Pet screening application template

How to conduct a pet screening: Sample Pet Screening Application

Summary

You as the property manager have the option of accepting renters who have pets or not. But, if you do, you may be unaware of what limitations you can impose on the animals you accept and what details you can demand upfront. Our pet screening application template gives you the details you require to have all of your queries addressed and have crucial discussions with your potential homeowners who own pets.

What is a Pet Screening?

This is essentially a background check on the pet of your homeowners that your association or a third-party agency conducts upon moving into the community. You get insight into the pet’s personality, temperament, and behavior through this approach. Additionally, you could learn more from it than you would from a single “in-person” encounter.

Although some would disagree, inspecting a pet is just as crucial to enforcing your community’s CC&Rs. You may avoid potential property damage and future noise complaints by doing this.

Animals that go out of control can cause destruction to your community. Untrained animals may bark, upsetting the neighbors who may complain about the noise. These issues can be avoided with the use of pet screenings.

How to Conduct a Pet Screening

First and foremost, you should always be upfront with potential homeowners about any pet policies you have (such as size or species limits) and any additional costs they would be liable for if they bring a pet with them. This will save both you and potential renters time when filing an application in the event that the pet is not one you accept or they refuse to pay the needed extra charge.

The primary goal of the pet screening procedure is to prevent a renter from moving in with a pet that might seriously destroy your property or endanger other tenants. Pets who are boisterous, unvaccinated, or that speak frequently might cause issues.

A later, more problematic issue including a notice to depart or an eviction may be avoided with a pet screening.

Pet Screening Application Questions

Making a pet screening application that gives a high-level summary of their pet is a smart place to start. To help you get started, consider these sample questions:

  • Pet Name
  • What is your pet’s weight?
  • How old is your pet?
  • How long have you owned this pet?
  • Proof of up-to-date vaccinations?
  • Has your pet ever bitten/attacked another person or animal?
  • Is your pet house-trained?
  • Does your pet have any behavior issues? This may include bared teeth, growling, raised hackles, or excessive barking.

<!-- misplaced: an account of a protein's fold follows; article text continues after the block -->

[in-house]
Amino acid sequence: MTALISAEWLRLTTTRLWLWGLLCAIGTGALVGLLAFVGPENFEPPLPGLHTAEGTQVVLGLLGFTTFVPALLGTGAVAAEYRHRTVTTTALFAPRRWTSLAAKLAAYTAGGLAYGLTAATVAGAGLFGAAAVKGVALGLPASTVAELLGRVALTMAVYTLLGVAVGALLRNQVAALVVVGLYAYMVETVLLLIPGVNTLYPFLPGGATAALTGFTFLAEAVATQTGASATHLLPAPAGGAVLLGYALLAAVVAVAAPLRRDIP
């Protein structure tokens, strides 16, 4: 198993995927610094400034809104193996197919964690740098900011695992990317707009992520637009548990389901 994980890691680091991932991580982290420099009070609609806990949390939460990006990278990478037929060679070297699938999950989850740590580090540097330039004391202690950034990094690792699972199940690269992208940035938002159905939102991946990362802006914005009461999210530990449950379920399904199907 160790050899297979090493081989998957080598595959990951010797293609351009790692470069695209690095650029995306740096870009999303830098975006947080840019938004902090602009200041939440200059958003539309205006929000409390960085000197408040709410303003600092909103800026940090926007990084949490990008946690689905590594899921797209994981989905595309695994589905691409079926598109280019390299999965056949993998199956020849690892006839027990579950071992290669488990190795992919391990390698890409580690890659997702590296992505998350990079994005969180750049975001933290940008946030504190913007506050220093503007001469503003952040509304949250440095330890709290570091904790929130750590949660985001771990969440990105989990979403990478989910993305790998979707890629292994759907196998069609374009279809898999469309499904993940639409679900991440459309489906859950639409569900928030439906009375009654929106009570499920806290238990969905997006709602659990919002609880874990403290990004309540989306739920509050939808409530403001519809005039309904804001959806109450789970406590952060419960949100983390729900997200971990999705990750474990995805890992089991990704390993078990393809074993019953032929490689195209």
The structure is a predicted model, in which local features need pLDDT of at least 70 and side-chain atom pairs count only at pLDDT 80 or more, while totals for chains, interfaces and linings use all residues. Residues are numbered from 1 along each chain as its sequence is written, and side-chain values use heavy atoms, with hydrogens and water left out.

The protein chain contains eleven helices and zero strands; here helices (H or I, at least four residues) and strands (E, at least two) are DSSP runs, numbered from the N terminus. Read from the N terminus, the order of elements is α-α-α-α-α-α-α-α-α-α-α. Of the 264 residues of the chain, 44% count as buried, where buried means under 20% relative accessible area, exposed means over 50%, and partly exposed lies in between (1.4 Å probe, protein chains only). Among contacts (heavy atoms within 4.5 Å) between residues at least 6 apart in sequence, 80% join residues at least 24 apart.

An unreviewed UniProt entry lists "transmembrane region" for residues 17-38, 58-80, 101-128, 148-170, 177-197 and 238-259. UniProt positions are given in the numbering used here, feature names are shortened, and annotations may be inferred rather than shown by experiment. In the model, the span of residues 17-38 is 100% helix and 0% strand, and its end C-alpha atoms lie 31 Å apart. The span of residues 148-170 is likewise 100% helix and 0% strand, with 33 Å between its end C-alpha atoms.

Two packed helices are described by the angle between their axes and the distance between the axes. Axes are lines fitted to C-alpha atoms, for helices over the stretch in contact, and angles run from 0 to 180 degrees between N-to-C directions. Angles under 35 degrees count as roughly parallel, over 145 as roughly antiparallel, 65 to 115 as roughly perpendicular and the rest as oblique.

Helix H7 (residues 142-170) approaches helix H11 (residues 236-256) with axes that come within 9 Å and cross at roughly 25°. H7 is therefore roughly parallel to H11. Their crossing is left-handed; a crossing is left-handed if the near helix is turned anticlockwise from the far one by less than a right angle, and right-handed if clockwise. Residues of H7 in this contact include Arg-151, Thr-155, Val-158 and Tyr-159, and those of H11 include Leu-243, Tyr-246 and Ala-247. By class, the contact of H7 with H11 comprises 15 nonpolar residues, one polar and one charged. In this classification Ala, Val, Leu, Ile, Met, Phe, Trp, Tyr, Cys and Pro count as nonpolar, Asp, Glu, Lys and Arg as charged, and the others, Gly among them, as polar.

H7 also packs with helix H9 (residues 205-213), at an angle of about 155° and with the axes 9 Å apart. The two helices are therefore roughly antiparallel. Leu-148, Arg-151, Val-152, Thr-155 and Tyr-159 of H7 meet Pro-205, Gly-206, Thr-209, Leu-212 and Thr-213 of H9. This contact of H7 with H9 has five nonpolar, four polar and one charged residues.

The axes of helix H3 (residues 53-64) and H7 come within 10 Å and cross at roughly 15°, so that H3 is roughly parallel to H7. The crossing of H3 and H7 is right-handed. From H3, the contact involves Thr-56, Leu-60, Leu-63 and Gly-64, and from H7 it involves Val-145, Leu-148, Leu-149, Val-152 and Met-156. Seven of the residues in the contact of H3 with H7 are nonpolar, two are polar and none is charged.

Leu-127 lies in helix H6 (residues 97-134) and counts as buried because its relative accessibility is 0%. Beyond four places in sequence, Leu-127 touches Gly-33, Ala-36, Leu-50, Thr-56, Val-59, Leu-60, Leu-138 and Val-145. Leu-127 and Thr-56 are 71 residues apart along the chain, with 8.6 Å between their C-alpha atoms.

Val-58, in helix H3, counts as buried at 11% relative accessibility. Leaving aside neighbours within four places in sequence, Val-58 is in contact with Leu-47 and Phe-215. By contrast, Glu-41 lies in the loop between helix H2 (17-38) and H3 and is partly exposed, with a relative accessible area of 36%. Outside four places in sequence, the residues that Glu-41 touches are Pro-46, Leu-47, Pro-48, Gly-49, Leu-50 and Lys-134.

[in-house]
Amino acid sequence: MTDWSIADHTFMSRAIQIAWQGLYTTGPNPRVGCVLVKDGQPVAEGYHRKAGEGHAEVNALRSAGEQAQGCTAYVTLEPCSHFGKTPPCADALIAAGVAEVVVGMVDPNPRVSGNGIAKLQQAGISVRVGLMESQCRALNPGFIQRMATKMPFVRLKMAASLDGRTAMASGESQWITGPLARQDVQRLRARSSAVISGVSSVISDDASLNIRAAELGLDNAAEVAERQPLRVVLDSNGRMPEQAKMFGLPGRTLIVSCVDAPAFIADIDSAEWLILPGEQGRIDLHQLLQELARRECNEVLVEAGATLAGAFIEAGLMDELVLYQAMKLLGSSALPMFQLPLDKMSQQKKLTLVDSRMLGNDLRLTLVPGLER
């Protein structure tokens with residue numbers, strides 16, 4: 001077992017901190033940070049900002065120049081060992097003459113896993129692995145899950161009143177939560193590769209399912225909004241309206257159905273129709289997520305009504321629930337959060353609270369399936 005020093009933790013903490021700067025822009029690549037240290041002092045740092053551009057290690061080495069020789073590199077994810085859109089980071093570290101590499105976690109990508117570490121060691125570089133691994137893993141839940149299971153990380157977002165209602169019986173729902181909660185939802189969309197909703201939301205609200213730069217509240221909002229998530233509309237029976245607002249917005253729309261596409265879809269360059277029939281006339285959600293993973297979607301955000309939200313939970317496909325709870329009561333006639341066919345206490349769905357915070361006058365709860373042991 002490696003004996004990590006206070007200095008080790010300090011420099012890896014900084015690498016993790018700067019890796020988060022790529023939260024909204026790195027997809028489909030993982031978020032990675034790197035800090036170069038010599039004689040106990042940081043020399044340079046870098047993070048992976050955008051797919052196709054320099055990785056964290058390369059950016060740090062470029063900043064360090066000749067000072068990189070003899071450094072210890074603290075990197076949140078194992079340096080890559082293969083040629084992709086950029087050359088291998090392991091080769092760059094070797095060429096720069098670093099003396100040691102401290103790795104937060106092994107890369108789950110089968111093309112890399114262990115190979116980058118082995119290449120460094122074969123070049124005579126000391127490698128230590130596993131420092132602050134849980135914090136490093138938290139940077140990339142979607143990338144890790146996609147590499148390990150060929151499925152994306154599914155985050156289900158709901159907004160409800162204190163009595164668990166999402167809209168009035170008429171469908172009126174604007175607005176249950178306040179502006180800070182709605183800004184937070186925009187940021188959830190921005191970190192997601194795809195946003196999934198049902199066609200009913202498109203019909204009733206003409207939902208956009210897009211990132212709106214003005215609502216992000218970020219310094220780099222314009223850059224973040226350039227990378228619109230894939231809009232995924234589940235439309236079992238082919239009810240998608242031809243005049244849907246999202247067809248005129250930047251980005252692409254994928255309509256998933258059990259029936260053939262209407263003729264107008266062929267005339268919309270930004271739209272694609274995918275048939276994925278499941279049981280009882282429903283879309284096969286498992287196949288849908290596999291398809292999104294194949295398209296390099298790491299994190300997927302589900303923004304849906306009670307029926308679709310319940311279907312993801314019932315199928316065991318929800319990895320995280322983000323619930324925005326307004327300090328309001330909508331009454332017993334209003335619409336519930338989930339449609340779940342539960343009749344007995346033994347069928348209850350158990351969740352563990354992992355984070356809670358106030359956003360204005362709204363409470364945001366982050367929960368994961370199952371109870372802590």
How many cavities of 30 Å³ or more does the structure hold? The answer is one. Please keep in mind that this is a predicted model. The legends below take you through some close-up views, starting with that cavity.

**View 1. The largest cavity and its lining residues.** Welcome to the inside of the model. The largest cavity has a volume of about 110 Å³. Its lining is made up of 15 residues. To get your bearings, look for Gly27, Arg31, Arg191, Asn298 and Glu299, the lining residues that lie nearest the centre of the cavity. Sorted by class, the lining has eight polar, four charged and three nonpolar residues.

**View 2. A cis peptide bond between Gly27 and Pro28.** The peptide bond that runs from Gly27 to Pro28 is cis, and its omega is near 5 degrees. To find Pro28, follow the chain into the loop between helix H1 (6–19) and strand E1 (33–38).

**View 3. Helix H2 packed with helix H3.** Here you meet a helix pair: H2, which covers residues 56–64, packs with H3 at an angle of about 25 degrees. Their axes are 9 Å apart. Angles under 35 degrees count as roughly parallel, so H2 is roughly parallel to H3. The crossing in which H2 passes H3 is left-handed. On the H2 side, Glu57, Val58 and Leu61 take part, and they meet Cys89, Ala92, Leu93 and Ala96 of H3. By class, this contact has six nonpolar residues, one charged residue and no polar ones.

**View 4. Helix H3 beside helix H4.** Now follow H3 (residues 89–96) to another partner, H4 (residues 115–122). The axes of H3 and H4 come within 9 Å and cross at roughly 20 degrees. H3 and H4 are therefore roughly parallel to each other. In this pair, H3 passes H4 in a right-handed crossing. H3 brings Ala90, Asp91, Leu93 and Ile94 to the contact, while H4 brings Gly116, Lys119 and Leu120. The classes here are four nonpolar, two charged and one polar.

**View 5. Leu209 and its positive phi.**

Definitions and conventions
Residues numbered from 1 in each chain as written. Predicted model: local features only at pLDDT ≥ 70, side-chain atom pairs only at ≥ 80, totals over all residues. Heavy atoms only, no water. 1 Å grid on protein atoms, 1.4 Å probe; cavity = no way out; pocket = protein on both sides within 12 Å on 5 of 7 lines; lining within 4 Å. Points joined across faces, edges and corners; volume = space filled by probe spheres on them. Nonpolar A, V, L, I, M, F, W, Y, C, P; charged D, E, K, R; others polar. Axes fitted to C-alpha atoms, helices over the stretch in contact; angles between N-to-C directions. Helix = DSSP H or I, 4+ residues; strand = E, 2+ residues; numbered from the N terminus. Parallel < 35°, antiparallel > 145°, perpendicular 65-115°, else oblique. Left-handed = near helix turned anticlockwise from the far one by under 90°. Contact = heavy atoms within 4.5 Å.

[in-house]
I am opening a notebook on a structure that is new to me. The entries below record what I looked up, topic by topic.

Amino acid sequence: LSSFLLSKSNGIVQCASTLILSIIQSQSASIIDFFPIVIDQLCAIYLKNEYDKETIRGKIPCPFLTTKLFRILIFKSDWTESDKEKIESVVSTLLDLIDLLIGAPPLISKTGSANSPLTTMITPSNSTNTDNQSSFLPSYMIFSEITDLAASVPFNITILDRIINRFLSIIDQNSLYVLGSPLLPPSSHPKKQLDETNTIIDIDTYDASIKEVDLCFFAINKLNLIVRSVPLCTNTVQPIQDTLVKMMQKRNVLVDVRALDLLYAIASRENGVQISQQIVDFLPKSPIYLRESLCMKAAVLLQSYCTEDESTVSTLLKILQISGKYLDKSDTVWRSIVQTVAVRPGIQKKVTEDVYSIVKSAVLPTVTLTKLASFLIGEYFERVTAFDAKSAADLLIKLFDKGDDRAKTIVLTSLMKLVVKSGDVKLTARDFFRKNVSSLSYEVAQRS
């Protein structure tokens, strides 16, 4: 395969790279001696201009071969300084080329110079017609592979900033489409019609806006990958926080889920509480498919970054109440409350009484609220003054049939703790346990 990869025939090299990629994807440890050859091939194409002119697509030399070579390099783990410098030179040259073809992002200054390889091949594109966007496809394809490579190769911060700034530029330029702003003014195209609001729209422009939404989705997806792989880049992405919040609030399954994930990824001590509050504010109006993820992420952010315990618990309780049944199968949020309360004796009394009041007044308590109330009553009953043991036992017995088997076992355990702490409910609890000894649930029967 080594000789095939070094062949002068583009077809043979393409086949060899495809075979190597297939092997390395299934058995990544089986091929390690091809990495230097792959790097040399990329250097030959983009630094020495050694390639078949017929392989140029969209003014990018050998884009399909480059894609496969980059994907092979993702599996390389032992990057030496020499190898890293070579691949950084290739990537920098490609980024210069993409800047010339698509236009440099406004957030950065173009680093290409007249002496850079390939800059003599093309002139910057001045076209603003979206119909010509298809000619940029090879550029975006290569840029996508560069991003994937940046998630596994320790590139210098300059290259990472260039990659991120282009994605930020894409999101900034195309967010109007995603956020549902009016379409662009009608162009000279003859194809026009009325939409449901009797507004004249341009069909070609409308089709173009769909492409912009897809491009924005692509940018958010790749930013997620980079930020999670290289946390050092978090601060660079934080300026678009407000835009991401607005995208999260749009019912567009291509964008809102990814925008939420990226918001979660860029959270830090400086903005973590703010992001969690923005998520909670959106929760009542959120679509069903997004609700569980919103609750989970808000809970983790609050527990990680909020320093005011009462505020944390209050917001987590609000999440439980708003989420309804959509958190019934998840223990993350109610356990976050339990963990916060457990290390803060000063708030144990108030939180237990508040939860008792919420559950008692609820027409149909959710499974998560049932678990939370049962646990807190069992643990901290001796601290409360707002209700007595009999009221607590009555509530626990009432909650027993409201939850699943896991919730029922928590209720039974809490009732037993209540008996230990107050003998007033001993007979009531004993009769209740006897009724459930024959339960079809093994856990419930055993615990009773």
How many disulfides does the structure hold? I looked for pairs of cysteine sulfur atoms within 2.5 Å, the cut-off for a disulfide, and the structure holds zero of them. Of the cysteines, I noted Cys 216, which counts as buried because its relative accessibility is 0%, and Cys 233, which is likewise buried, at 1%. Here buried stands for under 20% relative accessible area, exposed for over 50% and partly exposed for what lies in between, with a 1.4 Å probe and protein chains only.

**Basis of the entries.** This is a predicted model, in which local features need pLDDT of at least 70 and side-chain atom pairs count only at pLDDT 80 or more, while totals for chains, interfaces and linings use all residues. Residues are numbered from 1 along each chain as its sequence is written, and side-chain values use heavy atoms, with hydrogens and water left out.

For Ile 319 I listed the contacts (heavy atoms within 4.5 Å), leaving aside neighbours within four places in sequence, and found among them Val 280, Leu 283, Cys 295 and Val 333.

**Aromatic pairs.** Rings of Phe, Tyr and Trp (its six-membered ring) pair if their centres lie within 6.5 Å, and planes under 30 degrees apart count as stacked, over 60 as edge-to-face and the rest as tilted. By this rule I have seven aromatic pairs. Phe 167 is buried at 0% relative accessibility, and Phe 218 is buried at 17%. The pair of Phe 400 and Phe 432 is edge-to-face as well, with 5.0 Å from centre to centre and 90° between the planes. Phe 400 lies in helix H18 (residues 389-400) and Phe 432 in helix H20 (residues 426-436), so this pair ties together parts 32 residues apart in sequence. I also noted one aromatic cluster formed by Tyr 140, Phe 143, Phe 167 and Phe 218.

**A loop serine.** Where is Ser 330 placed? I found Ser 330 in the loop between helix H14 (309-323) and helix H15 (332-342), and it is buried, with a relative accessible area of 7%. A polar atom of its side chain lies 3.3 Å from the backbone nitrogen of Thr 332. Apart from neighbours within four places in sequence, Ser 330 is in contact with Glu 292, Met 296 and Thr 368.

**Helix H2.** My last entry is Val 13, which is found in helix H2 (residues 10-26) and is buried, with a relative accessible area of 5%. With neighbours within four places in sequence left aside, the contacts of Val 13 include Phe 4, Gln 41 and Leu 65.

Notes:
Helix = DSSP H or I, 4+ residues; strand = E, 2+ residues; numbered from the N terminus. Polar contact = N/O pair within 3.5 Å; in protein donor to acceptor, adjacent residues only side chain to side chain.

• Veterinarian contact information

Download the FREE pet screening application template:

Pet screening application template

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Service Animal Policies

The ADA states, only a dog trained individually to perform tasks or aid a disabled person is considered a service animal.No other animals, domestic or wild, even one that has been taught is regarded as a service animal. Service animals are expected to assist the disabled in all of their responsibilities.

Although the law solely refers to dogs as service animals, several states also classify other animals as such provided they meet the necessary criteria. Therefore, be careful to review the laws and guidelines in your state regarding service animals. You can also include the necessary guidelines in your request for a pet screening.

In accordance with the Fair Housing Act, you may also ask for adequate documents to show that the individual in question indeed requires a service animal due to a handicap. Not all disabilities are physically obvious. Your prospective homeowners could occasionally have mental illness and need a service dog to help them in social circumstances. Additionally, service animals can remind them to take their prescriptions on schedule.

You can request a doctor’s note to confirm that they need a service animal in certain circumstances. What you may and cannot do in relation to service dogs is listed below:

Can do Cannot do
To verify the requirement for a service dog, ask the homeowner for a letter of support or recommendation on your pet application form. You cannot ask for a pet deposit. The homeowner still must comply with all other CC&Rs relating to pet ownership.
You can also obtain the service animal’s identity along with their medical data. Pictures or other forms of identification are acceptable forms of identification. You are not permitted to inquire about a tenant’s medical history or the certification of a service animal.

 

You can refuse a service animal if:

  • The pet is not legal according to your state’s law.
  • The homeowner refuses to take responsibility for the service animal, refusing to resolve noise complaints or clean up after the animal.
  • The pet is a threat to the other residents of the property.

 

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